was successfully added to your cart.

Monthly Archives: December 2015

Many small steps, one giant leap

By | LightSaga | No Comments

Finally, just before the years’ end, we made┬áthe giant leap of constructing our first LightSaga clock (Technically it is the second if you count the original iteration made of wood). A lot of small steps were required to finally get to this point and we still need to assemble the other 19 out of our first prototype run, however this marks a big milestone and our first chance to really see the aluminum and acrylic coming together.

2015-12-30 10.22.57

The software that was running fine on the Spark needed some touching up for the Photon, but now runs fine on both platforms and as we now have a finished clock with all the electronics in it we can now also focus on the software.

2015-12-30 15.00.43

Glueing of the other 19 rings will take place in the beginning of 2016, or, not all of the rings can be glued yet as many orders haven’t picked colors yet and the rings need to be anodized before glueing.

2015-12-30 15.00.48

Also a redesign of the PCB is needed for better accommodation in the clock as we learned that some of the things on the first iteration on the PCB simply won’t work (we now manually modified the 3 existing PCBs).

2015-12-30 14.46.16

A lot of steps still to take, but a nice result just before 2015 ends.

Glass Bead Blasting!

By | LightSaga | No Comments

After manually sanding our first acrylic ring from opaque to diffuse it became painfully apparent that this method doesn’t give the envisioned result nor did it scale well to our full prototype run. A single ring costs around 20 minutes to properly sand manually and even then the result wasn’t the silky milk glass finish we envisioned. Bead blasting was the way to go!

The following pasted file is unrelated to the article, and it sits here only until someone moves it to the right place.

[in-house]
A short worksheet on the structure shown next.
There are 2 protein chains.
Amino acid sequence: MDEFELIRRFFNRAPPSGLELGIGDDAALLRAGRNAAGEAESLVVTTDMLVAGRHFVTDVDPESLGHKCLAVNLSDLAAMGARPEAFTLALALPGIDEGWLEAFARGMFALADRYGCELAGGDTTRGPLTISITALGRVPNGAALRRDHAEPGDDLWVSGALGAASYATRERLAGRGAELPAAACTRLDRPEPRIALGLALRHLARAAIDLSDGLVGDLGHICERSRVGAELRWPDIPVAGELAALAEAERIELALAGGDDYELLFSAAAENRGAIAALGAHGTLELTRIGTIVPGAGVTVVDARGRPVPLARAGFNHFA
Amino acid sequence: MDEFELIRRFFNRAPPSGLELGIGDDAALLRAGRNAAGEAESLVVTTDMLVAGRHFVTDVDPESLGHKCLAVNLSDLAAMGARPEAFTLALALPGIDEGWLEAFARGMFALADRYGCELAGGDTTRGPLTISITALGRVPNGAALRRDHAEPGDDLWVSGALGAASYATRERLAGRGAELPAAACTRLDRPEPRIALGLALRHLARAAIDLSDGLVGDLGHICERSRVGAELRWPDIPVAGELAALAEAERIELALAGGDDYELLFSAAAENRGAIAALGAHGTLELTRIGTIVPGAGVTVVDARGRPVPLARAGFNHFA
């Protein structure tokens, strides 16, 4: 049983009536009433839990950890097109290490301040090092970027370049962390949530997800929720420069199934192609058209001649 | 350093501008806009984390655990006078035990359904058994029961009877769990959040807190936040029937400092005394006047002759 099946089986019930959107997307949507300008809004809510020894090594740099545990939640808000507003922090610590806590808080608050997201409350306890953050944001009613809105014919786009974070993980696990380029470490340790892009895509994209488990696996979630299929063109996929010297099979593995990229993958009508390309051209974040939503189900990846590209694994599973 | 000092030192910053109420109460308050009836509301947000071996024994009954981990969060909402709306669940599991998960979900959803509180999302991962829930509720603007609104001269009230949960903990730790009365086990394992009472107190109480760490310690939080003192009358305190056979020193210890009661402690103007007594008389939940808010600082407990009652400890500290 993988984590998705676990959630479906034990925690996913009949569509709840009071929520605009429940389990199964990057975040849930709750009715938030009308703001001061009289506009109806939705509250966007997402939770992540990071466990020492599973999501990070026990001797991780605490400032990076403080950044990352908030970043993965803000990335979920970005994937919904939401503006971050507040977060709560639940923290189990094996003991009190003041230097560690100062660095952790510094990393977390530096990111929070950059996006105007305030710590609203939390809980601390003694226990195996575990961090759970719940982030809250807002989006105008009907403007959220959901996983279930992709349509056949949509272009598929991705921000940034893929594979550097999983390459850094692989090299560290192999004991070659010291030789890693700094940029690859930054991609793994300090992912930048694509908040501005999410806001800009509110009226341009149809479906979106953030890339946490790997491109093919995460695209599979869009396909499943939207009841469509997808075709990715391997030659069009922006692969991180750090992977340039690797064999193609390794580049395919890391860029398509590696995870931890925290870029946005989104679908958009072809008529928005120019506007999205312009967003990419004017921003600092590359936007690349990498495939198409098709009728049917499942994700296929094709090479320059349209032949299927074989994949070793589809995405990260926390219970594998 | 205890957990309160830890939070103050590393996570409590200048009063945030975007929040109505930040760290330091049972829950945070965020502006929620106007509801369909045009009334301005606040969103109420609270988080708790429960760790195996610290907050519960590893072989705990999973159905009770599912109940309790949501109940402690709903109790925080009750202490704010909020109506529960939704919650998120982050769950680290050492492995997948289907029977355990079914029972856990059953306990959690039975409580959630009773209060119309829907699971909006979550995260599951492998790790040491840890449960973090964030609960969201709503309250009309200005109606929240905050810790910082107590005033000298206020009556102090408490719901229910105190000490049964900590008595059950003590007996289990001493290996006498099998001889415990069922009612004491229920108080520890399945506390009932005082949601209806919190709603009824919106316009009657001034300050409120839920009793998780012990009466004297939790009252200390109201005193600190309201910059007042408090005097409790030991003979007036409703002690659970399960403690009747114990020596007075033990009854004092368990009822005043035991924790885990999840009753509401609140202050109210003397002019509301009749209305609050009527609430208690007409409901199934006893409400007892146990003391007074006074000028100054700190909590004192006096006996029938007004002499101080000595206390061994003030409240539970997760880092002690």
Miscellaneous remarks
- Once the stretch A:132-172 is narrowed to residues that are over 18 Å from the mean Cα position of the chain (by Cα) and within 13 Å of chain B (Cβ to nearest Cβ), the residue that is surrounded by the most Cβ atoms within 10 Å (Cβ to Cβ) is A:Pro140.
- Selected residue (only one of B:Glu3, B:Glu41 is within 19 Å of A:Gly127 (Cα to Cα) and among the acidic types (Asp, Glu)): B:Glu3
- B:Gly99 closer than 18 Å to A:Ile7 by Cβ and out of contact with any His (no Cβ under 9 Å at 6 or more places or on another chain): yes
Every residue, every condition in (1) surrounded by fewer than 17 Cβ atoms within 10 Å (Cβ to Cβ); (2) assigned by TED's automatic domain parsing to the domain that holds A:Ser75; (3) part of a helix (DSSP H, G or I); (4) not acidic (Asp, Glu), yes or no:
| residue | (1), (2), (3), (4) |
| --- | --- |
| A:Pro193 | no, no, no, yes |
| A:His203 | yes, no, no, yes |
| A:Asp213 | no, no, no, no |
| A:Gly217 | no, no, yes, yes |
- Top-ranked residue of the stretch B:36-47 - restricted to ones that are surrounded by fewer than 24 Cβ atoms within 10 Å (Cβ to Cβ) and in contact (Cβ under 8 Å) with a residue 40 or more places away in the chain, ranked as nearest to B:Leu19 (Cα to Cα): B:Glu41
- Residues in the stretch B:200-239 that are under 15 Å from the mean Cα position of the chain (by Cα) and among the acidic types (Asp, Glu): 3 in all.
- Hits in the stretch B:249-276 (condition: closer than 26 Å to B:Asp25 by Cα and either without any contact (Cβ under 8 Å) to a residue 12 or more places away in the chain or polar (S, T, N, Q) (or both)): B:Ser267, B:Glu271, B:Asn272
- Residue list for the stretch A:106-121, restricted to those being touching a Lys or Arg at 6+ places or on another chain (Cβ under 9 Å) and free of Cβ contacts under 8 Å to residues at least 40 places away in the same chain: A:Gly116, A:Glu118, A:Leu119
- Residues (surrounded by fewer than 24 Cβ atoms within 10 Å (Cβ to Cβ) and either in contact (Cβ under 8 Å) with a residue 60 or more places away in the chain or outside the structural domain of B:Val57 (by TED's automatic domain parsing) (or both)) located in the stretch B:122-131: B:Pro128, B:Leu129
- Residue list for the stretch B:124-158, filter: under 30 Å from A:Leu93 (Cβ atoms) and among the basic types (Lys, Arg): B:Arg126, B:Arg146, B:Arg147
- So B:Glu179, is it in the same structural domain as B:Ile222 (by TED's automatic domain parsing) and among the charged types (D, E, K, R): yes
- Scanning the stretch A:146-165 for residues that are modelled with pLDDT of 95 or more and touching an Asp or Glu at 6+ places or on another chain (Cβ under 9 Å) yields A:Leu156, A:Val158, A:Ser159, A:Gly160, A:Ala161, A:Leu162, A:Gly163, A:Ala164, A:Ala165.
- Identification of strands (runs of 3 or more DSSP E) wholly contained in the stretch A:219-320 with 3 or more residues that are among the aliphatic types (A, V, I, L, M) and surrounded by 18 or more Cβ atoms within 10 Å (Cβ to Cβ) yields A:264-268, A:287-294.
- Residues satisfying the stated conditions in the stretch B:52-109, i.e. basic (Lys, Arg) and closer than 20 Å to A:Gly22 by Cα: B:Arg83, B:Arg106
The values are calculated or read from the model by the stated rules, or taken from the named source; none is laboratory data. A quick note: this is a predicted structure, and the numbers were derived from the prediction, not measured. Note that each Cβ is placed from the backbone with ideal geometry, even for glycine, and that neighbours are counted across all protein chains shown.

2015-12-19 10.04.06

Bead blasting uses many kinds of media, but in our case we used glass beads. Glass beads are made from lead-free glass. These materials are formed into tiny glass balls. You can recycle the beads that you use in the course of bead blasting up to 30 times before replacing them. The glass beads used in the process are free of chemicals and safe for the environment. They come in several sizes and the size you choose will depend on your needs.

2015-12-19 10.03.50

We found a place that had a large enough bead blasting machine for our needs, as the whole 70cm ring had to fit into it and the owner was friendly enough to open up his workshop to us as he was enthusiastic about two guys trying to create their product. We had to develop a bit of a feeling for the bead blasting as the cabinet features thick rubber gloves and a very limited view of what you’re actually doing, but after a couple of rings all was going smooth, averaging at about 3-5 minutes a ring dependent on the size.

2015-12-19 11.36.17

The end result is simply stunning and the feel of the acrylic is completely different after getting treated to a shower of small glass beads. Another step to the envisioned end product is made, and we even managed to glue a couple of parts, hopefully glueing the other rings in the coming weeks.

Limited number of prototype run LightSagas now for sale! I WANT ONE!